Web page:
The latest initiative to improve hospital food caught the headlines with its 'celeb chefs', but can it succeed where others haven't, asks Lyn Whitfield

Dine at the Savoy's River Restaurant and you can savour a starter of 'langoustines in their pyjamas with mango and basil dip'.

You didn't know shellfish wore pyjamas? Obviously you are not the sort of person the hotel expects to enjoy 'elegant dining in luxurious surroundings'. Yet the Savoy's maitre chef des cuisines, Anton Edelmann, is one of the 'celebrity chefs' called in by the government to improve food for another group of pyjama wearers - NHS patients.

The gulf between Mr Edelmann's domain - where the langoustines cost£19 - and the NHS - where feeding a patient for a day costs in the region of£2.70 - was neatly captured by Sun columnist Richard Littlejohn. He described the chefs as 'the sort of people who spend the whole of Saturday disembowelling a kiwi fruit and using it to garnish a pan-seared penguin's beak in cactus jus'.

If they tried offering 'this muck' to Holby City they would get it 'straight back in their faces', he added - which more or less chimes with the experience of Guy's and St Thomas' trust in London.

Guy's responded to a Guild of Food Writers' campaign for better food in institutions by inviting a number of well known cooks to help revamp its menus in 1997.

Head of facilities Mel Rankine says: 'Some people thought the food was very good but some people felt it was far too 'foreign'. They wanted their pie and mash.'

On the other hand, 'it got lots of publicity, the head chef was on the Good Food Programme and it made staff feel as if people were interested.'

The trust has now gone over to cook-chill food, but some recipes have been retained in the national database of its supplier, Anglia Crown.

The present initiative has also given a welcome boost to hospital catering. But work on a national menu for the NHS was underway before the chefs became involved. A national group including caterers, dietitians and nurses started work in October.

NHS Estates stresses that the idea is 'not to have all trusts serving the same meals on the same day'. Instead, a menu framework and some standard recipes are being developed that must be implemented by the end of the year. However, hospitals that are already providing better quality will be encouraged to maintain it.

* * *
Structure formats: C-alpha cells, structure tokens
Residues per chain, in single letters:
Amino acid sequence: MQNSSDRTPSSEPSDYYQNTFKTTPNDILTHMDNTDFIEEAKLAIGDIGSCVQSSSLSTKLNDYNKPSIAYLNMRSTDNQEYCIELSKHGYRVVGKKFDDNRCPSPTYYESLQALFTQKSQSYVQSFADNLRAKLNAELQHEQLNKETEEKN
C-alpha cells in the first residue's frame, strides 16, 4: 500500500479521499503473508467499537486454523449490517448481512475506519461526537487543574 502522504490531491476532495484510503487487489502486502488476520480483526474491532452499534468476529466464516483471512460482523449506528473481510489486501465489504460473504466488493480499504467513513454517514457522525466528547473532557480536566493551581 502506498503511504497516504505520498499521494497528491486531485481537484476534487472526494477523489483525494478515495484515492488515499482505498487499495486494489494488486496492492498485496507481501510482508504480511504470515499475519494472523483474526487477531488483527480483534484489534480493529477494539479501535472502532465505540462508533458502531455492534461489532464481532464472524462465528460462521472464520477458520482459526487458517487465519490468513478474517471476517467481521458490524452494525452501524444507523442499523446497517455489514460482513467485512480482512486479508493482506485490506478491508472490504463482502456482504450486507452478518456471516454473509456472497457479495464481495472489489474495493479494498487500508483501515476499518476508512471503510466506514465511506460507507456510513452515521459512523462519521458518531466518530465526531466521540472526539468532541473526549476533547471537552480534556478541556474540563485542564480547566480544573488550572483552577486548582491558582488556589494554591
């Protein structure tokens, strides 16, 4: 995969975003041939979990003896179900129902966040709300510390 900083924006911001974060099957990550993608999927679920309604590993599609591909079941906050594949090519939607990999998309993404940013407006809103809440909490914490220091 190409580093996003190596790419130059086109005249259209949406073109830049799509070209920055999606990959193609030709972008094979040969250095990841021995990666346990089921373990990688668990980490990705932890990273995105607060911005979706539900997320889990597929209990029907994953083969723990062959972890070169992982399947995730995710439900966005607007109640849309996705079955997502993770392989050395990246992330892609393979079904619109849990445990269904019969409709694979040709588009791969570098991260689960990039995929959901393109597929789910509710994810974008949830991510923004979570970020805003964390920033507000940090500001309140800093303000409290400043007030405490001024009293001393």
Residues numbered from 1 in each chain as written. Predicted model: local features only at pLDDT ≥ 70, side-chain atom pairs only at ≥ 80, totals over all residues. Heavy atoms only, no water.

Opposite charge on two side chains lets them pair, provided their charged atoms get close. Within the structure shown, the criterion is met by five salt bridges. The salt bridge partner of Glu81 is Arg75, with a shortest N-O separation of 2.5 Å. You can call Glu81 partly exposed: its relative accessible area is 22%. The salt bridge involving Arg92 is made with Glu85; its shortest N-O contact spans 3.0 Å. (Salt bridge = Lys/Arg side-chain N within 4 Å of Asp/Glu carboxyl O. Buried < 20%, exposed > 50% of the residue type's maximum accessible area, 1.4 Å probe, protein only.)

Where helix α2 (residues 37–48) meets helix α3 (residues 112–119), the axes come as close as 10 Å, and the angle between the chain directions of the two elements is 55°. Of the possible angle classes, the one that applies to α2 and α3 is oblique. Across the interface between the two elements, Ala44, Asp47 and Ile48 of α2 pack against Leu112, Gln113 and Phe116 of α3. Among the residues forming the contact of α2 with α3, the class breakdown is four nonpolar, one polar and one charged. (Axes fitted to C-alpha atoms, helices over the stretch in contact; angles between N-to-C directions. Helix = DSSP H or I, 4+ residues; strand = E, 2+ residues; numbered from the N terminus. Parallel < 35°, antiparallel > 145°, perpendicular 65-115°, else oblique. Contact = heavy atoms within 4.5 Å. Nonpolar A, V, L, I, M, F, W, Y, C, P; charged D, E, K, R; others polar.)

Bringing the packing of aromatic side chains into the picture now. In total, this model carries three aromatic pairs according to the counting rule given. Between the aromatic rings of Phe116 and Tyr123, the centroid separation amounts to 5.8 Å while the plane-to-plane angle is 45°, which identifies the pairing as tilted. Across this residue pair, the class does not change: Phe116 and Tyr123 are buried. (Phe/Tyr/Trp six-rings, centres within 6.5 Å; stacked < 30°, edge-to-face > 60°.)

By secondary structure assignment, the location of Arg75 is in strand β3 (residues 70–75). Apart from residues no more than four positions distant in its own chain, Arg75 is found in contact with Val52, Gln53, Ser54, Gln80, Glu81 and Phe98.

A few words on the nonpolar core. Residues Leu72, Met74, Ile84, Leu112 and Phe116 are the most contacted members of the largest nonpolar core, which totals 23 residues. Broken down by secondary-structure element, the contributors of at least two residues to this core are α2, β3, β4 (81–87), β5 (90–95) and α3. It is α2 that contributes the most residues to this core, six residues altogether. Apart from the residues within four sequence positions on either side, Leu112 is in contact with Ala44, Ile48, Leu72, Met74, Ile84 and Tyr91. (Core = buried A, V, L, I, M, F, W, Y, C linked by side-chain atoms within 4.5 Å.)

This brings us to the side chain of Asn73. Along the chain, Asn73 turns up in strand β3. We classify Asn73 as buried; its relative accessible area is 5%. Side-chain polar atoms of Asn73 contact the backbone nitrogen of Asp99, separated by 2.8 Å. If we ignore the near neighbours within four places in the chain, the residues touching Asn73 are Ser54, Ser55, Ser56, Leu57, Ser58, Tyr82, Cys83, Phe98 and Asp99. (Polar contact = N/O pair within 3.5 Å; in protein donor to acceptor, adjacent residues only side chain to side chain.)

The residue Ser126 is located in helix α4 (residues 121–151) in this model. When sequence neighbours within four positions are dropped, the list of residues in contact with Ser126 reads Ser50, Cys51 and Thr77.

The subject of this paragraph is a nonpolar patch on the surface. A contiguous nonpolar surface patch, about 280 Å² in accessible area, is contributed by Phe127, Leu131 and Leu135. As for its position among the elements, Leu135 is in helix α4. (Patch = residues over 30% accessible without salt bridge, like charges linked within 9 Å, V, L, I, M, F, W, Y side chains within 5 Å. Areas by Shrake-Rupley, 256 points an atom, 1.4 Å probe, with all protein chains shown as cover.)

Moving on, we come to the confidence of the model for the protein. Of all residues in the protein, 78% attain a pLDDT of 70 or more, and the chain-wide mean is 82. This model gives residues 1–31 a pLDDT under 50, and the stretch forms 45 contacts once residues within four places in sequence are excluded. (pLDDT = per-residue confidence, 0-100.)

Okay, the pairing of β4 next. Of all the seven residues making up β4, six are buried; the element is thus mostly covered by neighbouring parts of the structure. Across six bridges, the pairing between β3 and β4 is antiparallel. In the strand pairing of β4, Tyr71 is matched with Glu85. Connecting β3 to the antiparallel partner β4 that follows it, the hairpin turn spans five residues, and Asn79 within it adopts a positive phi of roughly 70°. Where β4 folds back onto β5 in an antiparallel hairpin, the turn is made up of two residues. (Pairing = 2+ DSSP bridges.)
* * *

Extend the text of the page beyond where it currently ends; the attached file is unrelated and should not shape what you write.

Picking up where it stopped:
Chris Gray, managing director of Medirest (formerly Granada Healthcare and the Bateman Group) says the concept of 'designing menus with customers - patients - in mind' is one that 'comes naturally to caterers'. In the past a focus on the technology of food production has at times 'overwhelmed the details of what patients require'.

John Hughes, catering manager at Nottingham City Hospitals trust, hopes that if all hospitals have to meet minimum standards 'you can push up from there'.

There is agreement among caterers that the new menus must take account of the age profile of patients, cultural and regional differences.

As Mr Rankine says:

'Despite being a Scotsman, I cannot imagine putting on haggis and I do not suppose jellied eels would go down well in Aberdeen.'

Regional differences will also have to be taken into account in implementing a 24-hour catering service across the NHS. The NHS plan suggests hospitals will have to provide continental breakfast, cold drinks and snacks mid-morning and afternoon, 'light lunchtime meals' and a two-course evening dinner. But this is a southern pattern of eating.

Rob Pinsent, facilities director for the Glenfield Hospitals division of University Hospitals of Leicester trust, says: 'Most patients in the north would want their main meal around midday.'